woah. just had time today to review Australia's report on adtech (222 pages!) - hands-down the best report I've ever seen on adtech complex - creates an overwhelmingly clear picture of the problem. Hint in this image of a monopoly participating in all sides of the market. /1
it's only the interim report but I would expect much of these facts and the report will hold up for the final report later this year. Look how they then connect Google's supply chain dominance to its marketshare throughout the supply chain. /2
and great news is (like UK and US regulators) they very clearly tie Google's dominance to its unparalleled access to user data across all sides of the market. and how significantly this current market violates user expectations - something we previously researched, too. /3
there are entire sections focused on the unique power of data and solutions focused on this intersection of data and competition policy. Super timely, really good to see proposed solutions around purpose limitations focused on companies who see much of our activity. /4
adtech complex is wrongly trying to impede tracking preventions and 3rd party cookie limitations. it would be much better if regulators would instead recognize Chrome's view of our activity (or any user agent) shouldn't be considered 1st party data and/or need special rules. /5

Yes the report here pretty much summarizes that both sides of the market are screwed due to Google's adtech monopoly power, tying and conduct - the basis of the state AGs case here in the U.S. See tweets 1 and 2. Need to break for a bit, will dive deeper later tonight. /6
back at it, few more points here. Simple word counts show how much western allies' regulators build on each others' work - all super smart.
11x Texas (state AGs adtech antitrust case)
12x subcommittee (Congress antitrust investigation)
91x CMA (UK competition investigation)
the Texas-led case against Google for adtech is most recent having been filed in Dec. I did a previous thread on it (now over 2mil impressions - https://twitter.com/jason_kint/status/1339349312694837250?s=20). pg 77 references the extremely concerning allegation of bid rigging between Google and Facebook. /9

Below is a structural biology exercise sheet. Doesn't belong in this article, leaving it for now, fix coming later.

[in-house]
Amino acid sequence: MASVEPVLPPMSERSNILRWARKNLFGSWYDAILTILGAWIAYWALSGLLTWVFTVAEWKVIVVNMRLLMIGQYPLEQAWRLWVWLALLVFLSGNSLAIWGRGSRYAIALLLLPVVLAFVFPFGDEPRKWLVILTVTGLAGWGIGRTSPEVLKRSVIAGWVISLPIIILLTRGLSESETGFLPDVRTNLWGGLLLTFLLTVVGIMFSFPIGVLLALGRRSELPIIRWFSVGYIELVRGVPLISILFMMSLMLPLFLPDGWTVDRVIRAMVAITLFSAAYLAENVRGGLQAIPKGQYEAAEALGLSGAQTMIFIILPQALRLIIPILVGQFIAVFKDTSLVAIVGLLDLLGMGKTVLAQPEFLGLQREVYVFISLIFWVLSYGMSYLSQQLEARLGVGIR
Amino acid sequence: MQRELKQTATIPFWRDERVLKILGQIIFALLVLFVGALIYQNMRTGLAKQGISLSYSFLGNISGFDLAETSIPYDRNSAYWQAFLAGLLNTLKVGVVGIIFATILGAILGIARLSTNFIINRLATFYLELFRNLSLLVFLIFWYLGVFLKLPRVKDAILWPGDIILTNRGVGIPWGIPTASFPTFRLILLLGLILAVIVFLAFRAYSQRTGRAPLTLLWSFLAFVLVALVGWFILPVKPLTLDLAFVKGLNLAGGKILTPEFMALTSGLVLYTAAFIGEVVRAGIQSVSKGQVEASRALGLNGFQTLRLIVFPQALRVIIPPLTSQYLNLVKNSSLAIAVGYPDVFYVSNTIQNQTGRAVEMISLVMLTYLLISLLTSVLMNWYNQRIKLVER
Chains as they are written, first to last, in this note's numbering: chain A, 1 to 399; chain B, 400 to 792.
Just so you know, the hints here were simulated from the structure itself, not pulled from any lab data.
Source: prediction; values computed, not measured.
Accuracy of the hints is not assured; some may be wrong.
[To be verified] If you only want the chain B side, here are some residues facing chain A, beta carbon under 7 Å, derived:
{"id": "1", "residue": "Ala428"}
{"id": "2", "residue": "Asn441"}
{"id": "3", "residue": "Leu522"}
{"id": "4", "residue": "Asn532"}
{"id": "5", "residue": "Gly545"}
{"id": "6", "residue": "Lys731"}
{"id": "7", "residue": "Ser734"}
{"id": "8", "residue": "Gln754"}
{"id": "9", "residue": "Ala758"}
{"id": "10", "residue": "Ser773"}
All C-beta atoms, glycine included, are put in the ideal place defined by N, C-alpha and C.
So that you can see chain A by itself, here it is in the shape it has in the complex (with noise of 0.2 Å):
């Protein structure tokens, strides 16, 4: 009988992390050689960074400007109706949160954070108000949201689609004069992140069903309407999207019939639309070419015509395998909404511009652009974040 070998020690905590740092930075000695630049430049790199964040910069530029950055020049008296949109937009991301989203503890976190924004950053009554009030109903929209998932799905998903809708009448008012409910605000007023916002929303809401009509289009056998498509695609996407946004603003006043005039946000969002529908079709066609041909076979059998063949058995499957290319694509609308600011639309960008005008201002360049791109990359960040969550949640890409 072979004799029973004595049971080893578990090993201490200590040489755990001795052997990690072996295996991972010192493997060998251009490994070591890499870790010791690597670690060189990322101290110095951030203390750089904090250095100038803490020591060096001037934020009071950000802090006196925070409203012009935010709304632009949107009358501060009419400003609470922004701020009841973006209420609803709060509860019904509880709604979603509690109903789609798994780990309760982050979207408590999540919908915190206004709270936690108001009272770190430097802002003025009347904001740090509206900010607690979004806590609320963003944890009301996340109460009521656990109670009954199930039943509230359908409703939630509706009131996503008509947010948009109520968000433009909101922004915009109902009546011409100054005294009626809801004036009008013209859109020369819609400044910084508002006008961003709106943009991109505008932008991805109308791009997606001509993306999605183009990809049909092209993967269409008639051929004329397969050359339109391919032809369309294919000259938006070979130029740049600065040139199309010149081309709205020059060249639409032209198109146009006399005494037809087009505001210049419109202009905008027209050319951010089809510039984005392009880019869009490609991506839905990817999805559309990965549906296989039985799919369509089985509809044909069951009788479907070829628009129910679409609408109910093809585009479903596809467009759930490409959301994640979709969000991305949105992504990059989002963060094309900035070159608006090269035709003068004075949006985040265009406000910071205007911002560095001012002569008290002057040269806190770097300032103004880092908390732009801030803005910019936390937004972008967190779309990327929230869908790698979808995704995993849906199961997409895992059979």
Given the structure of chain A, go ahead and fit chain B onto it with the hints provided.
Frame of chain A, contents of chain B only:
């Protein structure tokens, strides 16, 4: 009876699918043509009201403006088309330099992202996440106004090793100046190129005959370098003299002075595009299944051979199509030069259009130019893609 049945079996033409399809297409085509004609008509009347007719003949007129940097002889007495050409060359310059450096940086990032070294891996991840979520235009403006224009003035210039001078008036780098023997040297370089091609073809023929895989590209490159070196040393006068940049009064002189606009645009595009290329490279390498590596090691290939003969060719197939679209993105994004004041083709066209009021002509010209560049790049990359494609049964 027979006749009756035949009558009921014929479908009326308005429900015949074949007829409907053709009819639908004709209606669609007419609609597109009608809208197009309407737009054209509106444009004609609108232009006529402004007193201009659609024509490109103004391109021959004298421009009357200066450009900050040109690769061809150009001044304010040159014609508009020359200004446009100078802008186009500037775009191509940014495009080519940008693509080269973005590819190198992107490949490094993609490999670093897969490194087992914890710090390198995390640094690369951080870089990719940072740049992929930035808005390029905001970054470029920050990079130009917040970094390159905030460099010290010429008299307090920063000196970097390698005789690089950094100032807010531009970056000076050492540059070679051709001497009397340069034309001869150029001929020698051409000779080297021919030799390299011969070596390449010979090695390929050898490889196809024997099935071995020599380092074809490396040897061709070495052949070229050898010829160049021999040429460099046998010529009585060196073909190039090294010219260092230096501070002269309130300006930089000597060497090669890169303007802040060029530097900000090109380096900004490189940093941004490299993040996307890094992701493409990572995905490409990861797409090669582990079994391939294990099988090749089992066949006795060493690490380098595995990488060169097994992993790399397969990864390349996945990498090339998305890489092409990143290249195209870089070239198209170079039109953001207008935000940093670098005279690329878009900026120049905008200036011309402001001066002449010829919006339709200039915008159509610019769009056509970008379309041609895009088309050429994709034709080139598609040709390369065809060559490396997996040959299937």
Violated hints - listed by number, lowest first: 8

Australia report goes through countless samples of "Why does Google have this share?" explaining conduct issues like tying and market failures providing for Google's dominance in various areas of adtech and data surveillance. /10
pg 125 includes the now well-documented allegations of Google's leveraging of YouTube inventory for exclusive access to push adtech business towards Google. It came up in testimony from witnesses during Senate Judiciary hearings twice in the past 18 months. /11
it's not that different than channeling of ad demand towards clients of Google's supply-side adtech. It's in TX-lawsuit and covered in the Australian (ACCC) report on pp130-131. I've heard Google has threatened to cut demand for pubs who don't preserve Goog's data access. /12
Also making appearances (40x+ mentions) in the Australia report is the brilliant investigation and report done by UK advertisers ( @ISBAsays). When you get to concerns like Google's additional fees for publishers using a competitive SSP, that report matters. It matters a lot. /13
But at the end of the day, the report rightly most focuses on Google's leveraging of unique assets combined with its unparalleled (Facebook in 2nd place) access to the data from our web browsing, app usage and location history. /14
and ACCC makes it clear these are allegations of anti-competitive behavior (of course, in a preliminary report). That this mirrors the findings of Texas-led state AGs and UK concerns plus EU coming means it's landing in a big, big way. Google should be in huge trouble. /15
the advertising case will have the most impact on digital media including finally holding Google's feet to the fire on its abuses of data which not only impact consumers lack of reasonable choice but harms the entire ecosystem including publishers. /16
I've written previously about how Google more than any company built the tracking ecosystem. AG case called this "privacy fixing." There is an interesting model in the ACCC report (p49) demonstrating how the ad targeting ecosystem works. /17
For those following Apple's shift to restrict use of its identifier as a vehicle for tracking (Facebook is leading the war to fight this privacy improvement), ACCC includes this interesting stat that Android's ID version is shared w/ 70+ companies across 10 popular apps. /18
Count me in as a strong fan of proposal 2 as solution. Make Google silo its data and act as a service provider when it's acting as a 3rd party (a majority of its data!). Google anticompetitively rolled over industry in abusing GDPR's purpose limitations - enforce them. /19
this is a super importance concept. the UK CMA report and German Federal Cartel Office got this right. If Facebook and Google are able to leverage dominance to collect data when users aren't even intending to interact with them, it harms publishers and advertisers. /20
p64 lists 3 factors for Google's data advantage underpinning its moats/monopolies. 1) 60 consumer-facing services, 2) tracking across 75% of web, 3) IDs to connect the two together (which they once promised not to do - see @JuliaAngwin Propublica report in 2016). /21
intersection of data and competition policy is central antitrust issue of our time. Until we use antitrust combined with privacy law to constrain the powerful, we'll have an unhealthy digital media marketplace with downstream harms (eg disinfo, data abuse, fraud, et al). /22
This is what @tim_cook was talking about in his speech 2 wks ago. Australians do not use Google's ad tech services. They don't choose to interact with them. Yet Google more than any company takes their online and offline activities and turns this "data exhaust" into profits. /23
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